While the Pipmen decks are amazing in themselves, perhaps the best yet is the Pipmen World deck. As with the earlier Pipmen decks, every single card in this deck is a self-contained picture, now in full colour. Here (on the left) we have some adventurous Pipmen climbing the snowy mountain, and (on the right) some hard-working Pipmen digging tunnels below the earth.
But now for the really fun part: Ben has designed the artwork so that all the individual cards can be put together to form a single giant panoramic image! So when the cards are placed alongside each another, they produce a larger picture, which you can see taking shape below.
Shown here is the Full Art edition of Pipmen World, which has the same artwork as the original, but eliminates the distraction of any borders, to heighten the polyptych effect, and make the panoramic effect even more impressive! It is easily one of my all-time favourite decks!
Christmas Card Deck (2017) by Natalia Silva
I have been a long-time fan of Natalia Silva's beautiful folk art style. Inspired by traditional Russian art, she has produced several stunning decks. At the end of 2017, in collaboration with Penguin Magic, she produced a popular Christmas deck. The design emphasized seasonal imagery, with the traditional green and red of Christmas being a prominent feature.
This deck is full of whimsical and playful images, with Santa, snowmen, reindeer, and penguins all making an obligatory appearance somewhere or other on the 54 unique designs. Many of these use transformational pips, such as the Six of Hearts shown below, where the pips have been turned into fish. On other cards the diamonds have become streamers or Christmas lights, and the clubs have turned into musical notes or Christmas trees. The creativity here is a real delight to look at and enjoy!
The beauty of transformation decks lies in the creativity and ingenuity required to make them. Being able to incorporate pips into a larger artistic whole that is imaginative and original is a real challenge! But some wonderful works of art have emerged as a result, and that turns these decks of transformation playing cards into miniature art galleries that are highly collectable. While the primary appeal of these decks lies in their artistic merit, many of the modern era decks are just as functional as they are beautiful, and can also be used for card games or even card magic.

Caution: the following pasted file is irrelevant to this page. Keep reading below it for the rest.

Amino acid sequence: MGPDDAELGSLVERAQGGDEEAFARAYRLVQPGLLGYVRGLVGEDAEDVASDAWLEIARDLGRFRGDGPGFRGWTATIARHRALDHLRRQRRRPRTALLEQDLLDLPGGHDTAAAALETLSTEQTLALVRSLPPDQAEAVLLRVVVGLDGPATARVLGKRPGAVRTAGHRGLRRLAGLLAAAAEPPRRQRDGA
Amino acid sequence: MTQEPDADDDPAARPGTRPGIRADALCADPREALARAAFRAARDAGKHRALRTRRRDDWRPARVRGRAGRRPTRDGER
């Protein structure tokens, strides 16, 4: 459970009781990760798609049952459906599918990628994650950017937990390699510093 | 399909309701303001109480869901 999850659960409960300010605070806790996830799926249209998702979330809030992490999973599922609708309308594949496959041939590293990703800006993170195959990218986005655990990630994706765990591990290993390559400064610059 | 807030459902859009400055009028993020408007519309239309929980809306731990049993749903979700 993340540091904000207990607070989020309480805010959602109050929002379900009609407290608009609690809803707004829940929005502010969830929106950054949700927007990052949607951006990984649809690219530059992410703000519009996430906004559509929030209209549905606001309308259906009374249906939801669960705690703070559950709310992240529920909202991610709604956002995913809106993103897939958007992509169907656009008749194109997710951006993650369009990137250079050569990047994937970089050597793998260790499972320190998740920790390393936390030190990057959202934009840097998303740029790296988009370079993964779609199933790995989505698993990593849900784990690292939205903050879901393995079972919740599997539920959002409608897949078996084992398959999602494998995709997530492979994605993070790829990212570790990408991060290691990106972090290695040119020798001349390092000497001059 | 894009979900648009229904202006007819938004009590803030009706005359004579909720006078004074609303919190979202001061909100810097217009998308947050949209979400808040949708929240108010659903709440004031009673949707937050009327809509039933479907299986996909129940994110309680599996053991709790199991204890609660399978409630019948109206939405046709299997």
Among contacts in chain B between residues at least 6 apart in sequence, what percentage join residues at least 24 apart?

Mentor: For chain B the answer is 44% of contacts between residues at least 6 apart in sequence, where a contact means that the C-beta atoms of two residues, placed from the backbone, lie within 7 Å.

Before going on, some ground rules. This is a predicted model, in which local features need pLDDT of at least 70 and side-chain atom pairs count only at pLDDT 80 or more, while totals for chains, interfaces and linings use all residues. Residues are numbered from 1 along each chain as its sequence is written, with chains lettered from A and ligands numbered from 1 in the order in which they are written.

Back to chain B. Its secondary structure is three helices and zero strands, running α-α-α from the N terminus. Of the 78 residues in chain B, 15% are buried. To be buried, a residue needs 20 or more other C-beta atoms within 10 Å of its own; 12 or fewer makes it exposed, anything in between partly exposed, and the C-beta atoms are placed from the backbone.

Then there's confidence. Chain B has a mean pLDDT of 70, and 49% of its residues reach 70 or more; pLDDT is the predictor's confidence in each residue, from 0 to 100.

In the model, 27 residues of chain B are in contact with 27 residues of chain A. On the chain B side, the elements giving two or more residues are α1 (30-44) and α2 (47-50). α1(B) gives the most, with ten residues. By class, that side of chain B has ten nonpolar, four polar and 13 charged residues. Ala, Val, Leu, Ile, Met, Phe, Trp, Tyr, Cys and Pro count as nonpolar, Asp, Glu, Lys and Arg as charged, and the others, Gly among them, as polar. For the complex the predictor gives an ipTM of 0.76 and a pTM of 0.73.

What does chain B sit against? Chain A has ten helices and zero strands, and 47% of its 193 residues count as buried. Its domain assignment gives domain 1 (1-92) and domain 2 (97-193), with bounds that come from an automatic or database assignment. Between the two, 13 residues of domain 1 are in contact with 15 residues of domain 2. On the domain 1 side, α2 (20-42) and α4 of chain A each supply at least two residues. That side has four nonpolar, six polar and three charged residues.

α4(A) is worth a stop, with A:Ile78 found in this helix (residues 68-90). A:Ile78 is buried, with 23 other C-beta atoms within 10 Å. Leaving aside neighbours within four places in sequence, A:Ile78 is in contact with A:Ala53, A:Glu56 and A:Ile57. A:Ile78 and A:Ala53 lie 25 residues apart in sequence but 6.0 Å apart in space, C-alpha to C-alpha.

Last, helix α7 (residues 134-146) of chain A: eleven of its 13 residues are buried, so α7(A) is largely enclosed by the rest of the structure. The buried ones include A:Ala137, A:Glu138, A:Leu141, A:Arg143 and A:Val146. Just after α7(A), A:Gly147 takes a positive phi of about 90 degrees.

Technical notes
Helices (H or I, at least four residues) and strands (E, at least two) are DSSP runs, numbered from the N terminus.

Where to Get These Transformation Playing Card Decks?
Fortunately these modern era decks are usually readily available, and PlayingCardDecks.com is one place where you will find most of those featured above:
- Ultimate deck ($29.99) ● Odd Bods deck ($17.99) ● Pipmen decks (from $12.99) ● Christmas deck ($11.99)
Also available from PlayingCardDecks.com are several decks of transformation decks created by Peter Wood in the early 2000s, which you can learn more about here.
Do you have a favorite modern era transformation deck? Let us know below!
About the writer: EndersGame is a well-known and highly respected reviewer of board games and playing cards. He loves card games, card magic, cardistry, and card collecting, and has reviewed several hundred boardgames and hundreds of different decks of playing cards. You can see a complete list of his game reviews here, and his playing card reviews here. He is considered an authority on playing cards and has written extensively about their design, history, and function, and has many contacts within the playing card and board game industries. You can view his previous articles about playing cards here. In his spare time he also volunteers with local youth to teach them the art of cardistry and card magic.